Regenerative braking typically to works like this: the starter battery (called the ‘main’ battery in such systems) charges typically to 80% or so. Doing so requires the alternator to generate only 12.6 to 13 volts. That voltage is far too low for direct RV battery charging. During prolonged braking, however, that recovered energy (at 15 volts plus – via a substantially sized alternator) rapidly boosts the battery to 100%. The alternator voltage is then cut back to about 12.3 volts (or with some vehicles, to zero) until battery capacity falls to 80%. This cycle repeats every time the vehicle brakes.
For much of the time, such alternators thus generate only the voltage needed for the vehicle’s routine needs. It is okay for that, but far too low for charging auxiliary RV batteries.

A dc-dc alternator charger resolves the above, but it has to must be designed to cope with such usage. Its installation also necessitates a change to the voltage sensing relay connection – (with some dc-dc alternator chargers, that function is inbuilt).

Typical variable voltage alternator used with regenerative braking systems – note extra-wide belt pulley. Pic: original source unknown

How to identify alternator type

Alternators used for regenerative braking are bulky. They are likely to have multiple or extra-wide drive belts, as shown above.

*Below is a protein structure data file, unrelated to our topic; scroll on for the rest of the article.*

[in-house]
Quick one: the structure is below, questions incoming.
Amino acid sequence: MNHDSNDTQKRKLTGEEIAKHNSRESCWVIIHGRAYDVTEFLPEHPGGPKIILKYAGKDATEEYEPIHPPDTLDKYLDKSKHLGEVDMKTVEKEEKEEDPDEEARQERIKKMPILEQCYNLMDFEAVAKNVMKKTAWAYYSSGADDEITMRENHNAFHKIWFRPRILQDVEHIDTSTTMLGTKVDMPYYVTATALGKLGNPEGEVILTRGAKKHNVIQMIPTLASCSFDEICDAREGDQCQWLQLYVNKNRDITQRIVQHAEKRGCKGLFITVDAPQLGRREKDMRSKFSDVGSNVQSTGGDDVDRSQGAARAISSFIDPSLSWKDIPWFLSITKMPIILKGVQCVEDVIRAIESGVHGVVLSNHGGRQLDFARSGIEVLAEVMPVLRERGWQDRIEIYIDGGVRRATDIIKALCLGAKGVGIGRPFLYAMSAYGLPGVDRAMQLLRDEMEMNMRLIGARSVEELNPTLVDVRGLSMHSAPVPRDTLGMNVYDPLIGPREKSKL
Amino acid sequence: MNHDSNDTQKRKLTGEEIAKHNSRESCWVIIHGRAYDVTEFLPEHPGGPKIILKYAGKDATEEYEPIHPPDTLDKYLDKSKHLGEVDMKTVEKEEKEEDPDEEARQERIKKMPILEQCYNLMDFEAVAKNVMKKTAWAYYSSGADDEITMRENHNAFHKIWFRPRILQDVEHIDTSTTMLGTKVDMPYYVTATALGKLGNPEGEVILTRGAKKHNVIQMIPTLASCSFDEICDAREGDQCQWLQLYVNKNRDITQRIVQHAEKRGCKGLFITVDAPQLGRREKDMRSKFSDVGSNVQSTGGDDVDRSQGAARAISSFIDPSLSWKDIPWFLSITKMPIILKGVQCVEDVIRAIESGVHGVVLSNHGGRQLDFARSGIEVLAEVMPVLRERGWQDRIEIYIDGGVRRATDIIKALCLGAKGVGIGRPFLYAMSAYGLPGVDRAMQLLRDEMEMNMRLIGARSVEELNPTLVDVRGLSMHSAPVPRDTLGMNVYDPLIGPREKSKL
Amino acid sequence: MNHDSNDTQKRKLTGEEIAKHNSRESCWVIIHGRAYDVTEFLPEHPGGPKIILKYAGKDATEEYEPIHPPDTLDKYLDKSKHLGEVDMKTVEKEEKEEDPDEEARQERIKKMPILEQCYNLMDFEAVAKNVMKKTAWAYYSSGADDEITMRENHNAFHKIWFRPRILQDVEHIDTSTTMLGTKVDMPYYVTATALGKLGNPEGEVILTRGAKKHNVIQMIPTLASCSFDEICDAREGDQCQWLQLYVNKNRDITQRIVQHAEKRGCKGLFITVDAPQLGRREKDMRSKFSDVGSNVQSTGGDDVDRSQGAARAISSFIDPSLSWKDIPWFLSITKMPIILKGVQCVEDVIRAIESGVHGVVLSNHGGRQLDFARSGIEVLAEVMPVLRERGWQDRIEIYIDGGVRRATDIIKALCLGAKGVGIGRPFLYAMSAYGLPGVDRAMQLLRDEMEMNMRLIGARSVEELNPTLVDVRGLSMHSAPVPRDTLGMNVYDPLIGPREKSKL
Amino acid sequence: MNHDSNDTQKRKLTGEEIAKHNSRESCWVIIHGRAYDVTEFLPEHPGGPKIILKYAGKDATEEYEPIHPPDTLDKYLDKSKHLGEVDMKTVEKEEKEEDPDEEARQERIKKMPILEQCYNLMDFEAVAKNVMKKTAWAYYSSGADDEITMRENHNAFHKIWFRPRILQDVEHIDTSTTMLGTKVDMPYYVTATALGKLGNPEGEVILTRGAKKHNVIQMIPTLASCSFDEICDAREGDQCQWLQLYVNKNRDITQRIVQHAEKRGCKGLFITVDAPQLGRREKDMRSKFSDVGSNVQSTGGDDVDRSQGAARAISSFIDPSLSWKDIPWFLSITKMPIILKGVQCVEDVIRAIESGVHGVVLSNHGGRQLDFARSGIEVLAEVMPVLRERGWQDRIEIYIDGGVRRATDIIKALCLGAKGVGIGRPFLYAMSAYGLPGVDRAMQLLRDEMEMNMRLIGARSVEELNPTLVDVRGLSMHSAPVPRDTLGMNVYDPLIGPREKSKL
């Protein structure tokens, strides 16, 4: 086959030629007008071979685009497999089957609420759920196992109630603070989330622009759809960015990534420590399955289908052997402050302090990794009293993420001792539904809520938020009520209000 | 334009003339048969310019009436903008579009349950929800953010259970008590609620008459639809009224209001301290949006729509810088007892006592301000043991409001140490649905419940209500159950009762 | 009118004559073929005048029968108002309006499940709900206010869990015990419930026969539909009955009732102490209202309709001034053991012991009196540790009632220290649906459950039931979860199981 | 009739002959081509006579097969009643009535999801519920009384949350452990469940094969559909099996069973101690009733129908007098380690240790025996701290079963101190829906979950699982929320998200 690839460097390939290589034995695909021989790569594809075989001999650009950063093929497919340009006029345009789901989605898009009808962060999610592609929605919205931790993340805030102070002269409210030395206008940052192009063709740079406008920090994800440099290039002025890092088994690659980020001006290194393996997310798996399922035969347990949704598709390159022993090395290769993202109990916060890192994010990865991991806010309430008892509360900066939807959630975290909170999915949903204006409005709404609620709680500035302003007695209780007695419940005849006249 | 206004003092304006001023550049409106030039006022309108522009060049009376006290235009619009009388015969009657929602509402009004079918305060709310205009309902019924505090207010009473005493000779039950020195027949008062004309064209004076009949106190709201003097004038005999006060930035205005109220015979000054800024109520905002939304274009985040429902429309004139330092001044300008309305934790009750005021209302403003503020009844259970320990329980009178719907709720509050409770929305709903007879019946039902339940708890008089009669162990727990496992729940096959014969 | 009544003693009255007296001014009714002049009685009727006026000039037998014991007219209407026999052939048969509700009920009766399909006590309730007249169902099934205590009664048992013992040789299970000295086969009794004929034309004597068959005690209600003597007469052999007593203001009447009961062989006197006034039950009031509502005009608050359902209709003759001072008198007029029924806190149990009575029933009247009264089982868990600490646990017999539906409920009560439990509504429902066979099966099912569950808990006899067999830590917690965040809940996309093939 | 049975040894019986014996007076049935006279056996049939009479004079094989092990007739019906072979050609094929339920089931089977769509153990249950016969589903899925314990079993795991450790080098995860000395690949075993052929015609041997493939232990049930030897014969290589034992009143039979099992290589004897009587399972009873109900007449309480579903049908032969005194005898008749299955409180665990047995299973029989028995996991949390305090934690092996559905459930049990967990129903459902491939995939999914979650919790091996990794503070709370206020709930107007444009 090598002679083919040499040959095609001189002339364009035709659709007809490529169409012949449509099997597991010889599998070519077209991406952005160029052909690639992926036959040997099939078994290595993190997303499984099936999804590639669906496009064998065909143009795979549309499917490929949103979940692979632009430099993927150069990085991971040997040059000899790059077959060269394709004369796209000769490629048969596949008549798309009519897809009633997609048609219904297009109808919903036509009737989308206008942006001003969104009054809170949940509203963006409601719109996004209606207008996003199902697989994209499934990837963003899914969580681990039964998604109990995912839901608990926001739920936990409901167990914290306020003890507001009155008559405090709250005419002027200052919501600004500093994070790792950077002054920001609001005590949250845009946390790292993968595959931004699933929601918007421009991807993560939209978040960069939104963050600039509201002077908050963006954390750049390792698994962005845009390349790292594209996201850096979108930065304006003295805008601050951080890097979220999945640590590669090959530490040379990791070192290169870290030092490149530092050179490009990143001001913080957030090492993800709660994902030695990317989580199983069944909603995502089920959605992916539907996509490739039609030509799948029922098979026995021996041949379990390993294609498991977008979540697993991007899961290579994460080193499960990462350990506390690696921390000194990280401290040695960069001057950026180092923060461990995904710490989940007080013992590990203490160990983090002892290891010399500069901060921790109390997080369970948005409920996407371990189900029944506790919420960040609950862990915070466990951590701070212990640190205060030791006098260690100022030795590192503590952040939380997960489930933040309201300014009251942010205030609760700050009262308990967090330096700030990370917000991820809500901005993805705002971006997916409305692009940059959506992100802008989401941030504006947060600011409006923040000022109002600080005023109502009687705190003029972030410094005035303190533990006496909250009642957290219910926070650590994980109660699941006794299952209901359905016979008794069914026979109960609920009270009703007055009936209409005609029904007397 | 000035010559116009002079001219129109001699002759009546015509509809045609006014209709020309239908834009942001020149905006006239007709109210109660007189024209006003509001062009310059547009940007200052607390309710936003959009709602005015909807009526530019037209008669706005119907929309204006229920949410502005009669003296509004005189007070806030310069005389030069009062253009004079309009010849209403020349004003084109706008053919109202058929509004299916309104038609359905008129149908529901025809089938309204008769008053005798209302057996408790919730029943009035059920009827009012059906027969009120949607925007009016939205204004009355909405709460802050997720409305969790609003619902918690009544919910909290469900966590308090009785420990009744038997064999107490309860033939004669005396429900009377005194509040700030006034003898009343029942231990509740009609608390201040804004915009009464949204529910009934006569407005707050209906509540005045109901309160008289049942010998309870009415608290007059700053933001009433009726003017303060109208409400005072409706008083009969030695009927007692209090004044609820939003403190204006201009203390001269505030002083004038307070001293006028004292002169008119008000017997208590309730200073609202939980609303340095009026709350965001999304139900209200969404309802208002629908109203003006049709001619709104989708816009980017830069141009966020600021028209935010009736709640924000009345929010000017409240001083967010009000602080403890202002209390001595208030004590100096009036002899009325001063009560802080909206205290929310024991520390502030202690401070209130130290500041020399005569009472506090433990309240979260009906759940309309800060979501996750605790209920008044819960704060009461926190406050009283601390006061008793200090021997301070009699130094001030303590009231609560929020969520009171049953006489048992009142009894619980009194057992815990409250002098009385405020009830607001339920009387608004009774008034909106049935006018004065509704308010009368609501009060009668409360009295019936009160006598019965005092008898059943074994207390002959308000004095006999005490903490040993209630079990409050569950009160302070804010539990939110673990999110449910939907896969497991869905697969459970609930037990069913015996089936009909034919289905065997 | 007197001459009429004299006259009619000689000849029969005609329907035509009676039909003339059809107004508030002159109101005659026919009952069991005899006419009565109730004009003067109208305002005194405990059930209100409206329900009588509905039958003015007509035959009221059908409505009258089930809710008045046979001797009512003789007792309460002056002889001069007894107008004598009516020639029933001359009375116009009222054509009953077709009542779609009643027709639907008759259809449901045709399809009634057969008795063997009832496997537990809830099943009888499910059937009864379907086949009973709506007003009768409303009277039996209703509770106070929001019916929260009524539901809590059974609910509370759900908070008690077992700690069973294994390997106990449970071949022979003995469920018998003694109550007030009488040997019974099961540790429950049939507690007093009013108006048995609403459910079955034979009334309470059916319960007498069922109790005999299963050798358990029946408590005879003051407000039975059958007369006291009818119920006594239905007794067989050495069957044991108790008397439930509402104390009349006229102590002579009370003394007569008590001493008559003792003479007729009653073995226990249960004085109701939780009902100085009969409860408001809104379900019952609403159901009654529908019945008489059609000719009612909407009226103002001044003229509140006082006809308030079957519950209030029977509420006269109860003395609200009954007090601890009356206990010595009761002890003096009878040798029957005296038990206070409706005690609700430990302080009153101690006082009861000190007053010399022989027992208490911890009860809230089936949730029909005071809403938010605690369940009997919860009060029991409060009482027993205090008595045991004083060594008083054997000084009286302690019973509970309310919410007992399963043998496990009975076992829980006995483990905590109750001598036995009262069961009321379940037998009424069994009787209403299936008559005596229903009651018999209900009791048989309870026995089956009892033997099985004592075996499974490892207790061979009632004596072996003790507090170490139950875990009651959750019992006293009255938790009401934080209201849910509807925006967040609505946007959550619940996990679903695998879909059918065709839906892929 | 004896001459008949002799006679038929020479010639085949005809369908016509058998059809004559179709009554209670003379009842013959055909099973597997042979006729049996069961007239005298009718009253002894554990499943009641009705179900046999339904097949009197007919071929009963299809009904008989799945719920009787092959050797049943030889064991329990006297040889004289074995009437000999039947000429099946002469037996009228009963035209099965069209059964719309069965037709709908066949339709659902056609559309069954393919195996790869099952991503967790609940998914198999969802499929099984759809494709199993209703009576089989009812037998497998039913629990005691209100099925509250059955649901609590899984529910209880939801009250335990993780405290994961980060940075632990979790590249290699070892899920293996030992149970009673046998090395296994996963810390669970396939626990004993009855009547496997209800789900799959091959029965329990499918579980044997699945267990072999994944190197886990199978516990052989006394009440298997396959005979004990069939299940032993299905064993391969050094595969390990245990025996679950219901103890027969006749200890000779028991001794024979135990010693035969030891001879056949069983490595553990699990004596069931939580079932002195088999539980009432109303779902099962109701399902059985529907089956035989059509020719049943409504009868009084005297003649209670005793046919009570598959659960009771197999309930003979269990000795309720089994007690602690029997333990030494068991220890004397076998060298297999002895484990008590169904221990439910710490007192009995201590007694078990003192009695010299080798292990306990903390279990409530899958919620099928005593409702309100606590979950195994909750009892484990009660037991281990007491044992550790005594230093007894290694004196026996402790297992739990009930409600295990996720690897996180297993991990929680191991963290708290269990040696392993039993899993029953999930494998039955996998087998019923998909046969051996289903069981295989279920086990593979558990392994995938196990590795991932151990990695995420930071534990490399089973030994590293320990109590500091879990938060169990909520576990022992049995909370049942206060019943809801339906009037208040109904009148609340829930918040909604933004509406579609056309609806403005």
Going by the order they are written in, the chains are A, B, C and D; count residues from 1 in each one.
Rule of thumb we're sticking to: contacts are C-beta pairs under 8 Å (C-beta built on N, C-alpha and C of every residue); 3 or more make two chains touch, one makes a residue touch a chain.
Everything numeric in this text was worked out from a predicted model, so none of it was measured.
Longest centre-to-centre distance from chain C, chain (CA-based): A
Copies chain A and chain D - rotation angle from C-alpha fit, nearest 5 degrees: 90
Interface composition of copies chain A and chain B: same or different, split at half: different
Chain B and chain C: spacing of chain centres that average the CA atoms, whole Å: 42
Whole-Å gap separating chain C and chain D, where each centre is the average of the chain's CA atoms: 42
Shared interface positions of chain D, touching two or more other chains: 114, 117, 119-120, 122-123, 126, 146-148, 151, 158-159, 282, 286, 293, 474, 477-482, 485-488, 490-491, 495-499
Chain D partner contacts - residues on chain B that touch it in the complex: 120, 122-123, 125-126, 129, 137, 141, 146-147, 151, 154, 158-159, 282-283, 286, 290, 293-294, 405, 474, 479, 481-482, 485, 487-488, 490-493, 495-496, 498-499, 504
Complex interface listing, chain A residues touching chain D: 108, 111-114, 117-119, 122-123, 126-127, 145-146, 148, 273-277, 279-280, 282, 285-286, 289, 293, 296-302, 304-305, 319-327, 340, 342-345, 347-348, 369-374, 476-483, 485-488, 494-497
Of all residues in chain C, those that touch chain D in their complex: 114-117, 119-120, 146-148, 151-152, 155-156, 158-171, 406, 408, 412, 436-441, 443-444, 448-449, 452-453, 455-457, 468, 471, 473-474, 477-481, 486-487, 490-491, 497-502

If you know your electrics, you can identify the alternator type by measuring its output across a range of driving conditions. You are likely to need to extend the meter leads. Keep them well clear of the alternator drive belt and radiator fan. Have an assistant check voltage over a range of driving – including braking for some distance downhill. Such driving may increase output to over 15 volts.

If output ever drops below 12.7 volts while driving – that is a variable voltage alternator.

(Do not attempt the above the voltage at a lighter plug’s socket – it may not work as some vehicles now have these outlets fed at constant voltage).

Experienced auto electricians should be able to help.

Fixed voltage alternators & temperature compensating alternators produce above 12.7 volts while driving. Most dc-dc alternator chargers and voltage sensing relays should work. Contact their makers if in doubt.

Variable Voltage Alternators

These drop below 12.7 volts at any time while driving. They require a specialised dc-dc unit and some attention to the voltage-sensing relay.

Companies tackling these issues include Redarc (Australia/New Zealand) and Sterling (UK). Both use the main (starter battery) voltage to know what the alternator is doing and optimise auxiliary charging accordingly. The units also protect auxiliary batteries against excess voltage.

RV Alternator Charging Problems – important note:

Vehicles with variable voltage alternators monitor both load and charge via a chassis to starter battery cable – or a Y-shaped cable. Never alter this cable in any way. This cable doubles as a so-called ‘current shunt’. It assists in measuring all that’s going on electrically. If that cable is changed in any way it may cause the alternator to receive incorrect data that may drastically affect charging.

If you install appliances in RVs that use the chassis as a negative lead return – all such negative returns must be to the chassis side of this cable. The returns must not go directly to the battery negative terminal. Unless you follow this, charging cannot work correctly.


If two or more leads go to either of the main battery’s terminals, that system is faulty.

Collyn Rivers is a semi-retired automobile research engineer.  He is the author of seven books, five of which are about making RVs and solar work optimally.